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10 Questions for Actor Don Cheadle | reviews, news & interviews

10 Questions for Actor Don Cheadle

10 Questions for Actor Don Cheadle

On making 'Miles Ahead', now out on DVD, and fighting Hollywood's glass ceiling

Don Cheadle: 'It’s important to me to shine a light on something that I think is brilliant'

Cinema has waited a long time for a film about Miles Davis. It hasn’t been for want of trying by Don Cheadle, who stars in, directs, produces and takes a co-writing credit on Miles Ahead. Despite the support of Davis’s son, daughter, nephew and first wife Frances Taylor, the film was trapped in a pipeline for aeons.

While he waited, Cheadle had plenty of time to turn himself into a trumpeter good enough to perform onstage in the film’s coda with Davis collaborators Herbie Hancock and Wayne Shorter.

The wait was so long that it easily outstrips Davis’s five-year fallow period in the 1970s when he stopped making music and concentrated on scoring drugs and dressing blingily. Rather than do the obvious thing and home in on Kind of Blue, the story of how Davis escaped that period and finally returned to music is the plot of Miles Ahead. The 1970s section of the script is an almost entirely invented Blaxploitation caper featuring Ewan McGregor as an unscrupulous journalist who will do anything to get an interview with Davis for Rolling Stone. Only the flashbacks to Davis’s tempestuous marriage to Frances Taylor, the dancer and muse whose face adorns the cover of Davis’s 1961 recording Some Day My Prince Will Come, are more securely anchored in biopic territory.

Cheadle helped get his best-known films Crash and Hotel Rwanda off the ground in the face of considerable industry apathy. He talks to theartsdesk about Hollywood’s glass ceiling.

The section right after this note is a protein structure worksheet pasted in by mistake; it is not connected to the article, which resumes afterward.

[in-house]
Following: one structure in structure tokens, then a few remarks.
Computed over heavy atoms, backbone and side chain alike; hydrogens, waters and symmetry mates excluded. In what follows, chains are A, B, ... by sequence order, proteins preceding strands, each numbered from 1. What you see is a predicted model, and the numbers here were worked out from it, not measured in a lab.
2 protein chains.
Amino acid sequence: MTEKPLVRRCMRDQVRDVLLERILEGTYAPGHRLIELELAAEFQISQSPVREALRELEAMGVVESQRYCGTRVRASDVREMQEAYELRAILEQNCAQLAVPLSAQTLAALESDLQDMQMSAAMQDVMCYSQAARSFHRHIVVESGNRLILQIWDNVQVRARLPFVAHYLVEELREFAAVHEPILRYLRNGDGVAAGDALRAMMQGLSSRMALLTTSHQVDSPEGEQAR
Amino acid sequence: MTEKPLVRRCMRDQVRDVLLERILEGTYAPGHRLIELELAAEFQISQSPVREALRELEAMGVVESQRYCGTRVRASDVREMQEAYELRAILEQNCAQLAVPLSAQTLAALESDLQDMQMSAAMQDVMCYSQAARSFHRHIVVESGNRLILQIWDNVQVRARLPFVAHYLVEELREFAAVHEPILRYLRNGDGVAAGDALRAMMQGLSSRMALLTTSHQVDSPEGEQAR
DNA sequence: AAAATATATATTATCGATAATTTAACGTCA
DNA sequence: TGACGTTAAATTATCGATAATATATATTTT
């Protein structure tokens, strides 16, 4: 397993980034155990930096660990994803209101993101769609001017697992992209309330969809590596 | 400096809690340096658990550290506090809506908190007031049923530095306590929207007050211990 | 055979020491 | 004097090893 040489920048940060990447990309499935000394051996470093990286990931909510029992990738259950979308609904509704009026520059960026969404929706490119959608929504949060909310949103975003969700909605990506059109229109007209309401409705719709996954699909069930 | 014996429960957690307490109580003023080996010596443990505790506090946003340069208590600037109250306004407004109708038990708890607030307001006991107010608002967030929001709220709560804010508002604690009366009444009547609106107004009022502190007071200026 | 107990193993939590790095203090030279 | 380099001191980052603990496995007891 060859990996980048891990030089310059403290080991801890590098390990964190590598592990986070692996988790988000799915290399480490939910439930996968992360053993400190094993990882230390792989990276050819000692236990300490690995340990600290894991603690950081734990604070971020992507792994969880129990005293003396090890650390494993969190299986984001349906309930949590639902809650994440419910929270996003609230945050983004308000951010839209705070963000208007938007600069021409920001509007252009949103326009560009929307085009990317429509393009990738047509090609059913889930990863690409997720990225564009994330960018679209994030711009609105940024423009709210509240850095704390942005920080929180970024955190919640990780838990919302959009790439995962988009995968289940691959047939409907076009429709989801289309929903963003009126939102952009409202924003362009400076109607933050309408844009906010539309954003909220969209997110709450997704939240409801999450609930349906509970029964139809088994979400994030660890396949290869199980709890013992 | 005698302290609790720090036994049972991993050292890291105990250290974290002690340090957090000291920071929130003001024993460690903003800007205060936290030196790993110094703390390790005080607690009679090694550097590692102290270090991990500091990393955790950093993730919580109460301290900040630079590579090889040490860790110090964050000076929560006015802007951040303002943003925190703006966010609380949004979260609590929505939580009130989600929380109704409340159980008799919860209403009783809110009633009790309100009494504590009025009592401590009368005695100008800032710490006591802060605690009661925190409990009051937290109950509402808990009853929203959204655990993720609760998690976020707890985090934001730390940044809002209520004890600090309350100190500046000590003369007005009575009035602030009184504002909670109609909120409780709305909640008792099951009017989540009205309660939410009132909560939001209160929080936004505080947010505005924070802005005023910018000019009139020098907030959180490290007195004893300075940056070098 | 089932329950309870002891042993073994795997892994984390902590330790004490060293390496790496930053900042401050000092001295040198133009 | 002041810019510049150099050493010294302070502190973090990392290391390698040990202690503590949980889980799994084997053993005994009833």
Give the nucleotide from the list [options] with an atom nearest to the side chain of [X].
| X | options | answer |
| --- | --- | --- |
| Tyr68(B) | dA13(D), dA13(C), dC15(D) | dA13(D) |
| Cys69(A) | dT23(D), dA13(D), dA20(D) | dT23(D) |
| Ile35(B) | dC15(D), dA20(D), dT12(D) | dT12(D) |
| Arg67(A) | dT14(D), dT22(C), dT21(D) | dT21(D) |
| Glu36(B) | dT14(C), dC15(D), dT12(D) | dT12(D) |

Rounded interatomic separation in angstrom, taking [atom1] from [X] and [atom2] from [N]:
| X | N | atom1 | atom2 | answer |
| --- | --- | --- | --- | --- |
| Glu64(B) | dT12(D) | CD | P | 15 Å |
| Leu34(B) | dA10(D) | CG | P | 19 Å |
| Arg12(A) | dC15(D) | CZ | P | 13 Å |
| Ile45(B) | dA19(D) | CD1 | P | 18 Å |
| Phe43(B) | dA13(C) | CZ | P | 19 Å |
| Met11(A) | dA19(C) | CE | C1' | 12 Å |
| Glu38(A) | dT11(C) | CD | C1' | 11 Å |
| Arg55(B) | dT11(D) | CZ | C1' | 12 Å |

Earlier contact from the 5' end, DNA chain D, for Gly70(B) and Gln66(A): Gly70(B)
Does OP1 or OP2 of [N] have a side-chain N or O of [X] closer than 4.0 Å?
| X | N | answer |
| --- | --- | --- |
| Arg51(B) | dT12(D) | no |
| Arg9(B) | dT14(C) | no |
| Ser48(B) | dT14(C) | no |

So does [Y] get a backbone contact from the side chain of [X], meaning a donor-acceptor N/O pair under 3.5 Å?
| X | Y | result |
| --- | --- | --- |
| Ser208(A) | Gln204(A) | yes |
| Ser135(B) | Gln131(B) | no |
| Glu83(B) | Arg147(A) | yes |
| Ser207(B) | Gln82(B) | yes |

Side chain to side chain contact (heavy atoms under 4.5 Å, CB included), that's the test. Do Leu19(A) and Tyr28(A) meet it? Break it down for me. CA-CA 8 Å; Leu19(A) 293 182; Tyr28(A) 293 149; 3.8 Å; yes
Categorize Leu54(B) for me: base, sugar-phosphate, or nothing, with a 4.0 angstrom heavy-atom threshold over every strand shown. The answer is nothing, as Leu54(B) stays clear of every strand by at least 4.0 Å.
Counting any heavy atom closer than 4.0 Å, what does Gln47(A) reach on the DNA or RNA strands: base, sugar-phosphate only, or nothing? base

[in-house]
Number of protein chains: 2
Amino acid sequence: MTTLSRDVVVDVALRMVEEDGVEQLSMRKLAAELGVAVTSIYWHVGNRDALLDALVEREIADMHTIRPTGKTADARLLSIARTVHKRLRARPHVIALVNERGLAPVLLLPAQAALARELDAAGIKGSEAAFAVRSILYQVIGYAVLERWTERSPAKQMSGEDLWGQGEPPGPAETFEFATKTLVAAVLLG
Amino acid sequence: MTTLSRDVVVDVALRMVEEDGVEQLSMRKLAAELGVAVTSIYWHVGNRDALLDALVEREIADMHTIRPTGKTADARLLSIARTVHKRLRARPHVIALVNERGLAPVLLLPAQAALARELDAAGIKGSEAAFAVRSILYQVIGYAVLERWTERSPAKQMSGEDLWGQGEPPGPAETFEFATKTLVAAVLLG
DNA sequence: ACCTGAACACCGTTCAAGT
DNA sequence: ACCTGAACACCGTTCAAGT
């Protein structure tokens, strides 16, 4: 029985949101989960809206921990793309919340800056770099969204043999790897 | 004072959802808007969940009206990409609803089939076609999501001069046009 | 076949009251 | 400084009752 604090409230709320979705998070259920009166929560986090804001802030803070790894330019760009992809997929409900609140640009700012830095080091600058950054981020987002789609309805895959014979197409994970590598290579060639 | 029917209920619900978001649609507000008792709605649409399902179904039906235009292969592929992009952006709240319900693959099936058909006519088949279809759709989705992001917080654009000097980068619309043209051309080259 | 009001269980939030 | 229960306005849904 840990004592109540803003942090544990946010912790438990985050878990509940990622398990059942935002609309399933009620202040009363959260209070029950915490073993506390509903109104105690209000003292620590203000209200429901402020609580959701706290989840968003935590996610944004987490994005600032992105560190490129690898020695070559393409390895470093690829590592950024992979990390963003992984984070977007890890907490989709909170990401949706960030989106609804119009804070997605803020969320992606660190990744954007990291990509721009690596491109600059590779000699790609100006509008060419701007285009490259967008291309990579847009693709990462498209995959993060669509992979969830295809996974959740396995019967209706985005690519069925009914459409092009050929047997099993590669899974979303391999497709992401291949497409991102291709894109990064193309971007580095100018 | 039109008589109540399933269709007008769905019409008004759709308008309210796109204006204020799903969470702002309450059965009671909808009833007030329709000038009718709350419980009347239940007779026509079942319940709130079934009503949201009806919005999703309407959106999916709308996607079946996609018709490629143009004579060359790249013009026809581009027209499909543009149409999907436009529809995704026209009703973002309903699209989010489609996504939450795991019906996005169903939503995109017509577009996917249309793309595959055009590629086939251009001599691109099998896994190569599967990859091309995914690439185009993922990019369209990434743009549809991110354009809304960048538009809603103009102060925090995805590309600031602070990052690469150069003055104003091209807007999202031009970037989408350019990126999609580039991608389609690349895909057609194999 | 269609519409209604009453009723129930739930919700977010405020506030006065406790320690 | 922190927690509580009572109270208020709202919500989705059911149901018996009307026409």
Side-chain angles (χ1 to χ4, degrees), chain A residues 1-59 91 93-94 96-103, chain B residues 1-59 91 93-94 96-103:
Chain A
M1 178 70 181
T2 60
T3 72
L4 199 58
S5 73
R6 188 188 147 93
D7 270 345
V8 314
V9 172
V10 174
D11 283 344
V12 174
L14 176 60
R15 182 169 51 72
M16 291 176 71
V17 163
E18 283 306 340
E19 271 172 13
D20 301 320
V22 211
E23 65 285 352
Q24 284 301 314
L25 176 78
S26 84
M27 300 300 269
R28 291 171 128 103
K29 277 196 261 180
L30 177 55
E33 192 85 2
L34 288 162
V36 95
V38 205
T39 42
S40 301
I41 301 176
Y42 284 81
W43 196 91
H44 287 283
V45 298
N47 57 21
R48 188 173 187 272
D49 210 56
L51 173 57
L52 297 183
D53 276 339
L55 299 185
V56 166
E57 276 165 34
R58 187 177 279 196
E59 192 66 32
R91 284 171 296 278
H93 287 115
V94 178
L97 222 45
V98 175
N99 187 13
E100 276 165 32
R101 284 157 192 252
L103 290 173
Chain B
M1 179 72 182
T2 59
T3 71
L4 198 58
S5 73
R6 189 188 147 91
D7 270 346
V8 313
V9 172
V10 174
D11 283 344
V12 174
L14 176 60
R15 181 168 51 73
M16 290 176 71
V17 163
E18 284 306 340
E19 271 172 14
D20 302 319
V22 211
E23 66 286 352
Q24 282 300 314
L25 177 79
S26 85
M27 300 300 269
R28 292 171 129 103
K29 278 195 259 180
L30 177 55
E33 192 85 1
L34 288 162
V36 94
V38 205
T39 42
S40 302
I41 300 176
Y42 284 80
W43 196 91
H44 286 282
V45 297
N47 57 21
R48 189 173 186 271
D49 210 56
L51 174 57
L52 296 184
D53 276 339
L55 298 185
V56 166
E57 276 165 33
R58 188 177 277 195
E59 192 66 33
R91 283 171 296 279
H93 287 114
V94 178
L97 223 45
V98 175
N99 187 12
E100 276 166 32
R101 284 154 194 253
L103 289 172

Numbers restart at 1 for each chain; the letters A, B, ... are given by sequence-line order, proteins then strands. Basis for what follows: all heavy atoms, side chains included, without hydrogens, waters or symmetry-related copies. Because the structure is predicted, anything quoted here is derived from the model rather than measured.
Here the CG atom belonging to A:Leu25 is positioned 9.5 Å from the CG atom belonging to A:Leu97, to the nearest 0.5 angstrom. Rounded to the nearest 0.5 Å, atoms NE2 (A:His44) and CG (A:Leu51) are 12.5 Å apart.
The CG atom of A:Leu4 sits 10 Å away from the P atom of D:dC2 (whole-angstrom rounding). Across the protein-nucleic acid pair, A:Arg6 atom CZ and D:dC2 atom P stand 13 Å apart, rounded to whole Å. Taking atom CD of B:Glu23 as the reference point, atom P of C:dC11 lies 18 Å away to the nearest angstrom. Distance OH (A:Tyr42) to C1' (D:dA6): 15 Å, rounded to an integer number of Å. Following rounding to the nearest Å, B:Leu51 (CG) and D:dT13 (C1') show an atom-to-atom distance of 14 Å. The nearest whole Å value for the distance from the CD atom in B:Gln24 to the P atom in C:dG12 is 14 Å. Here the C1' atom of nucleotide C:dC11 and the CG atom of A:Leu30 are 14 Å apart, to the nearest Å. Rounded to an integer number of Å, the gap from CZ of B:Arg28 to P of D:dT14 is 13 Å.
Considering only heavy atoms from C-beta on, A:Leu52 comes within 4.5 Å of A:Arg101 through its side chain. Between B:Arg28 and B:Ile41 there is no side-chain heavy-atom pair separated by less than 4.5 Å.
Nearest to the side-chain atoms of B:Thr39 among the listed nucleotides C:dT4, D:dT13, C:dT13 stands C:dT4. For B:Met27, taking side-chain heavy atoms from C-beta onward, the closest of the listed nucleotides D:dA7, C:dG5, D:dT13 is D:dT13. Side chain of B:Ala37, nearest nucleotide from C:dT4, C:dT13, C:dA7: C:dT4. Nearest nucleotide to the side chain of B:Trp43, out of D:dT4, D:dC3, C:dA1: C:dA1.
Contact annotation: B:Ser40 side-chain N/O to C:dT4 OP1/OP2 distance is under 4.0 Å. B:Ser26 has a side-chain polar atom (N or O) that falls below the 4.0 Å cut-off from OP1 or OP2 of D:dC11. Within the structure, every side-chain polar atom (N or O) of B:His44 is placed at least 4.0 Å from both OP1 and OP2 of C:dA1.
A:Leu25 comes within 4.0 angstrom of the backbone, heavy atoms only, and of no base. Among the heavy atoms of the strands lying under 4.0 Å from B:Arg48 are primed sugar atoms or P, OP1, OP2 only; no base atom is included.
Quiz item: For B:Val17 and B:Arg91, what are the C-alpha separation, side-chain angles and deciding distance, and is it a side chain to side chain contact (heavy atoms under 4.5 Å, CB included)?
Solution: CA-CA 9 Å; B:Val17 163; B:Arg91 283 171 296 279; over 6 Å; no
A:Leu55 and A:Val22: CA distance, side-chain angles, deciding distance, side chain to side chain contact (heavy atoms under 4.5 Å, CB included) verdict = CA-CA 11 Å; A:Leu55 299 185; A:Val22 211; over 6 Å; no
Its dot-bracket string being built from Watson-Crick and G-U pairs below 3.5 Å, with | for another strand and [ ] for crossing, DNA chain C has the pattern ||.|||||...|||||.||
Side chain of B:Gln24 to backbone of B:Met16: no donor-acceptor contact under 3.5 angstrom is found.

JASPER REES: You were a saxophonist before. How long did you give yourself to learn to play the trumpet?

DON CHEADLE: I just started when I knew I was going to do the project. About eight, nine years ago. I never knew it was going to happen but if it was going to happen I knew that I wanted to have that facility for sure. I didn’t want to walk into the movie and be faking stuff. I haven’t played sax definitely since I knew I was going to do this. Actually I took my soprano out and played a little bit and went, "I don’t want to start confusing my mouth," and put it down. I didn’t play every day and, like, woodshed. I’ve done movies since then and an entire five years of a series between I’ve started on this project and now. So since then, some part of every year. And then as I got closer to it I was playing every day. I’m great in my bathroom. I’m amazing in my bathroom.

Why did it take so long to make this movie?

That’s a good question for people who had been asked to pay for it. I think it’s about cobbling together all of the pieces for a financier lined up in a way that they tell themselves the story that this is a good risk, or at least an equitable risk. One that I don’t think I’m just going to straight take a bath. Traditionally movies anyway are money-losers, so start there. Jazz, there’s shrinkage there. Period? "Oh, we just did it again." It’s a black cast. “OK, now everything you’re saying is making me try and see how I’m going to make a return on my investment.” And it was going to be very hard to shoot. It was going to be tricky. First-time director. Everything about it made people go, “I don’t know.” We had to back into something that we were able to do in 30 days in Cincinnati. All the things we had to do – I had to do crowdfund, I deferred my money, cast Ewan McGregor (pictured below with Cheadle).

Was there a moment where someone said, “You need a white co-star?”